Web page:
Why Am I So Tired? Hashimoto’s Explained

By Jenny Hamilton

April 18, 2019

My name is Jenny and I’m a registered nurse, lactation counselor and sleep coach. I have been an RN for over 16 years and am fiercely passionate about making this Mama journey easier for the entire family. I am married to my high school crush and we have two beautiful, strong, and busy children. It takes a village to raise a child, and as Jenny the Mama Coach, I look forward to being one of your villagers!

It was January of 2017 and I can’t put into words how incredibly tired I felt every moment of every day!  Some people might say being that tired is normal, as my kids were aged two and three, and I myself was turning 38 that December.  I worked as a nurse, juggling three casual to part time positions in the public and private sector.

And our family had just lived through an overwhelming renovation of a 1982 home in the perfect neighbourhood – this caused us to move twice in less than three months (four times if you account for our wonderful friends allowing us to store stuff in their garages and basements!).  

Between unpacking boxes and settling into new routines, I was also getting up for 6 am yoga and trying to meal plan.  It didn’t seem to matter how much water I drank, sleep I got, healthy food I ate, or how active I was, my weight was on a steady climb in the wrong direction!  By February of that same year, I had put on over 20 pounds and was feeling as sluggish as ever.

I’ve always been a healthy sized woman, average to most, but gaining so much weight so quickly left me feeling defeated to say the least.  My youngest child was nearly two years old, and at this point I was hoping to be losing the baby weight, not continuing to pack it on! I figured I had two options in front of me:  either I was pregnant with baby three and needed to start seriously thinking about minivan test driving; or there was something else going on behind the scenes.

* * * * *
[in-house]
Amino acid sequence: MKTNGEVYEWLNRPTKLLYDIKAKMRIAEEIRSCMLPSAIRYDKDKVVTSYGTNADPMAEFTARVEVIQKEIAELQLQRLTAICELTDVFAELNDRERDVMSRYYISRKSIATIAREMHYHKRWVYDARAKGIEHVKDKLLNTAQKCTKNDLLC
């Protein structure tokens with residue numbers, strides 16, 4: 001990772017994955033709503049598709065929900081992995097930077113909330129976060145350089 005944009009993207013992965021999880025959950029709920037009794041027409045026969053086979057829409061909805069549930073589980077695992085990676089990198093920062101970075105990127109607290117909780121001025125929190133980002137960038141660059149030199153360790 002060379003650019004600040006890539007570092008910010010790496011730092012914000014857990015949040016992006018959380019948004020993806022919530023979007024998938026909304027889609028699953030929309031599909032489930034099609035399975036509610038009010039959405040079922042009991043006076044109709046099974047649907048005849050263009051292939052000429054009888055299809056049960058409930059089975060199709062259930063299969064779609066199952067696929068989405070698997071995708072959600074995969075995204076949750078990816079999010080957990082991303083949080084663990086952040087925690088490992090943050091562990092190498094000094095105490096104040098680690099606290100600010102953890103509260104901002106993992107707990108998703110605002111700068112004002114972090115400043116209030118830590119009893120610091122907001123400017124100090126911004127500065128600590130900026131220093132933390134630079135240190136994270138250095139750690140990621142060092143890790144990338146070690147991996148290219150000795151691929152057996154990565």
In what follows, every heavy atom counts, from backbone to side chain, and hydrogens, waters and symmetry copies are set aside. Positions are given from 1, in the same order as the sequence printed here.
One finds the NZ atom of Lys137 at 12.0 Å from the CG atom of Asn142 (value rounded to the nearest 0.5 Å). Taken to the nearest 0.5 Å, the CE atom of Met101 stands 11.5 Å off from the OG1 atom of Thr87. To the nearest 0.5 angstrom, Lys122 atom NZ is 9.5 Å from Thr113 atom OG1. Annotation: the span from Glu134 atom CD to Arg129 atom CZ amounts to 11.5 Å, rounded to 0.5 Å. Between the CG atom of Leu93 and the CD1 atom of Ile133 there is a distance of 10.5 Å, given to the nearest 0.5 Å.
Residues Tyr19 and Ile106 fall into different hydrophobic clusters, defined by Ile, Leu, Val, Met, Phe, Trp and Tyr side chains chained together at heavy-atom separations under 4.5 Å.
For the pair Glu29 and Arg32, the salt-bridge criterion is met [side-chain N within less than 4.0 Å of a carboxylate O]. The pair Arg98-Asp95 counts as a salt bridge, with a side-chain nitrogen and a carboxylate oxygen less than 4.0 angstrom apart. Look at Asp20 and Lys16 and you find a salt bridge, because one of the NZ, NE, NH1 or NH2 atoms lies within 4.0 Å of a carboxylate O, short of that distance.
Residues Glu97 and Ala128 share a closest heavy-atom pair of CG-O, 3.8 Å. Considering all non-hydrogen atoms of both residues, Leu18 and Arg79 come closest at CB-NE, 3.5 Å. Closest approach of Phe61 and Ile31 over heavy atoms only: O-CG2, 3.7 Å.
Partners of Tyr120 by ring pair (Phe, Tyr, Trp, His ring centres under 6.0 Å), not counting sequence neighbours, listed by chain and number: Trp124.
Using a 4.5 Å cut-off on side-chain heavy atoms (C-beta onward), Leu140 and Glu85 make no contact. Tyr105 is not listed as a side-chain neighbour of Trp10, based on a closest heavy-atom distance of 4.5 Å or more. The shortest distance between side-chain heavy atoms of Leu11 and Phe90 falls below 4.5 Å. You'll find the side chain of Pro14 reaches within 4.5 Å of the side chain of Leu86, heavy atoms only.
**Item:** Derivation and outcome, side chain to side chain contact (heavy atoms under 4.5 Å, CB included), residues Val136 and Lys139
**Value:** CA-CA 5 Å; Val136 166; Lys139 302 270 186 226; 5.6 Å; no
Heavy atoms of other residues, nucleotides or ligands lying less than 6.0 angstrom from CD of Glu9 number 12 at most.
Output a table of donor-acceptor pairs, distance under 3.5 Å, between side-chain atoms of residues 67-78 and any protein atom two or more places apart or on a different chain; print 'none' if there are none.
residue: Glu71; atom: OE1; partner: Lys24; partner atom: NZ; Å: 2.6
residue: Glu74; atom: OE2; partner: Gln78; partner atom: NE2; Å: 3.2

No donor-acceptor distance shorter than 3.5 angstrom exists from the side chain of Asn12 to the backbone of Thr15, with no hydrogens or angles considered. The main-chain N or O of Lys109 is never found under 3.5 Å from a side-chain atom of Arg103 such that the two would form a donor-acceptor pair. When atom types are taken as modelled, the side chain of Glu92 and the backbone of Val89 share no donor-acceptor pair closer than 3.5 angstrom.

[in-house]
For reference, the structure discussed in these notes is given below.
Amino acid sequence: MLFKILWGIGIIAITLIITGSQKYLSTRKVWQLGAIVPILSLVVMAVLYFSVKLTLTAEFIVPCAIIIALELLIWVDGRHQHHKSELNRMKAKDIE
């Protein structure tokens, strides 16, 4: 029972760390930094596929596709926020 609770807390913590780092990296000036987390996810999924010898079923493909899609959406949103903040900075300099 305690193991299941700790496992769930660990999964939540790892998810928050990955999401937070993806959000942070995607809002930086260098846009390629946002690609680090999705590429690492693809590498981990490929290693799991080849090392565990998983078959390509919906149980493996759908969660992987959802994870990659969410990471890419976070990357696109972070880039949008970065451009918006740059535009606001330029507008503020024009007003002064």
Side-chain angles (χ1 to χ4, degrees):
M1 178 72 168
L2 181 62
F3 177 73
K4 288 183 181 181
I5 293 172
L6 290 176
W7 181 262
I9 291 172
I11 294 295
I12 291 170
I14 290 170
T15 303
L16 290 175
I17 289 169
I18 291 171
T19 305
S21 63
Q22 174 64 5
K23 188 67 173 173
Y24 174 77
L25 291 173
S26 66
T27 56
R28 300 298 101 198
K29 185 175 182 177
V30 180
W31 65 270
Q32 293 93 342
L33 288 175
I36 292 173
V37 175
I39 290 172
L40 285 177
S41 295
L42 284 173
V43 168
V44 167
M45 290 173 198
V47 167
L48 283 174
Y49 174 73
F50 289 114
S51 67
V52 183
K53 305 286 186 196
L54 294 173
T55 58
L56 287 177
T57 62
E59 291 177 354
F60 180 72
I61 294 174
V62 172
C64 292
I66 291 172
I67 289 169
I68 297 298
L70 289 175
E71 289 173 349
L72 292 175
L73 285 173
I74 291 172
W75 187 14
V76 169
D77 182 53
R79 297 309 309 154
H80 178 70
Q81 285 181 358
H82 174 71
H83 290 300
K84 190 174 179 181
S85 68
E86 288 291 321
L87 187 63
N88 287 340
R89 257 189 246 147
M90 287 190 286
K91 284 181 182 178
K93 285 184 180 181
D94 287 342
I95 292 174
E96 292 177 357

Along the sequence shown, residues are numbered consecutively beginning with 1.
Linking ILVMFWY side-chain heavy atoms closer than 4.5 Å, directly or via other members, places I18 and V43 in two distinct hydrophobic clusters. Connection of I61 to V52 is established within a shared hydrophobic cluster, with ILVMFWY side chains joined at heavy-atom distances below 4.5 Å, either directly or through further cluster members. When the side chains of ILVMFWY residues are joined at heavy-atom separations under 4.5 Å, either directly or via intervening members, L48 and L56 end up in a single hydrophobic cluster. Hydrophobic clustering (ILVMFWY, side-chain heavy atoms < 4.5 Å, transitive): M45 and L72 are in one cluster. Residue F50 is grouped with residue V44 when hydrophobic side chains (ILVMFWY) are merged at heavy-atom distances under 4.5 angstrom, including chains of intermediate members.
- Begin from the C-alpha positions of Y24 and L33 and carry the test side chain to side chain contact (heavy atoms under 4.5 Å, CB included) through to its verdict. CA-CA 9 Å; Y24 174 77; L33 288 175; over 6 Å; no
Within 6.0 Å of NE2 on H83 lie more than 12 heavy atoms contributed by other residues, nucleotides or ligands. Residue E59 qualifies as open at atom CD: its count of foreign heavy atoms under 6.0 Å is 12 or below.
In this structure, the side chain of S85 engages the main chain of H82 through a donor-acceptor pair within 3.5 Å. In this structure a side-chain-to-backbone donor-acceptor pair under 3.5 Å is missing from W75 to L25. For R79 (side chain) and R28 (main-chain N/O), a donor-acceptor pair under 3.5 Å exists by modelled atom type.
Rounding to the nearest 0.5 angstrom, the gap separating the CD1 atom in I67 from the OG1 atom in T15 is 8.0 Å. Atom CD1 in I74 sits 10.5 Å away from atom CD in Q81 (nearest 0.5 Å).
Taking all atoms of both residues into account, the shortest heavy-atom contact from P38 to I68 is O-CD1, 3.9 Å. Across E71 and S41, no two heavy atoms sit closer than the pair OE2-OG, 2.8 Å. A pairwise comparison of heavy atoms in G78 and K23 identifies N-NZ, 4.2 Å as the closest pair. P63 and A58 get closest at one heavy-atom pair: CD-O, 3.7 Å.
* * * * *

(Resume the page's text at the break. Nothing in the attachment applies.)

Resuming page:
Because I was still so tired and didn’t think my 37 year old body could handle another pregnancy, I did what any exhausted mother would do – I ran straight to my doctors office begging for a pregnancy test, full blood work panel, and an answer to my question, “Do I need to find out the black book price on my 2013 Tahoe?!”

To be completely honest, I’d always heard whispers about mysterious weight gain being caused by thyroid dysfunction, but I never thought that would be my answer.  Low and behold, we weren’t expanding our family, my thyroid had crapped out, taken it’s foot off the gas so to speak, and the result was a whole pile of symptoms I now had an explanation for!  

O Thyroid, Thyroid!  Wherefore art thou Thyroid?

My family doctor described the thyroid gland as the foot on the body’s gas pedal, and it’s a key component of your endocrine system.  Your body can either be heavy footed, called hyperthyroidism (in pregnancy this is usually caused by Graves’ disease and occurs in ~1/500 women); or light footed, called hypothyroidism (usually this is caused by hashimoto’s disease and occurs in ~3-5 out of every 1000 pregnancies).  In both disorders, there is an autoimmune process happening, where the body starts attacking its own cells and organs resulting in a variety of symptoms [National Institutes of Health, 2012].

Symptoms of hyperthyroidism are often very similar to pregnancy and therefore easily go unnoticed; increased heart rate, heat intolerance, and fatigue.  Other symptoms to watch for are rapid and irregular heartbeat, slight tremor, unexplained weight loss, failure to gain normal pregnancy weight, and severe nausea and vomiting.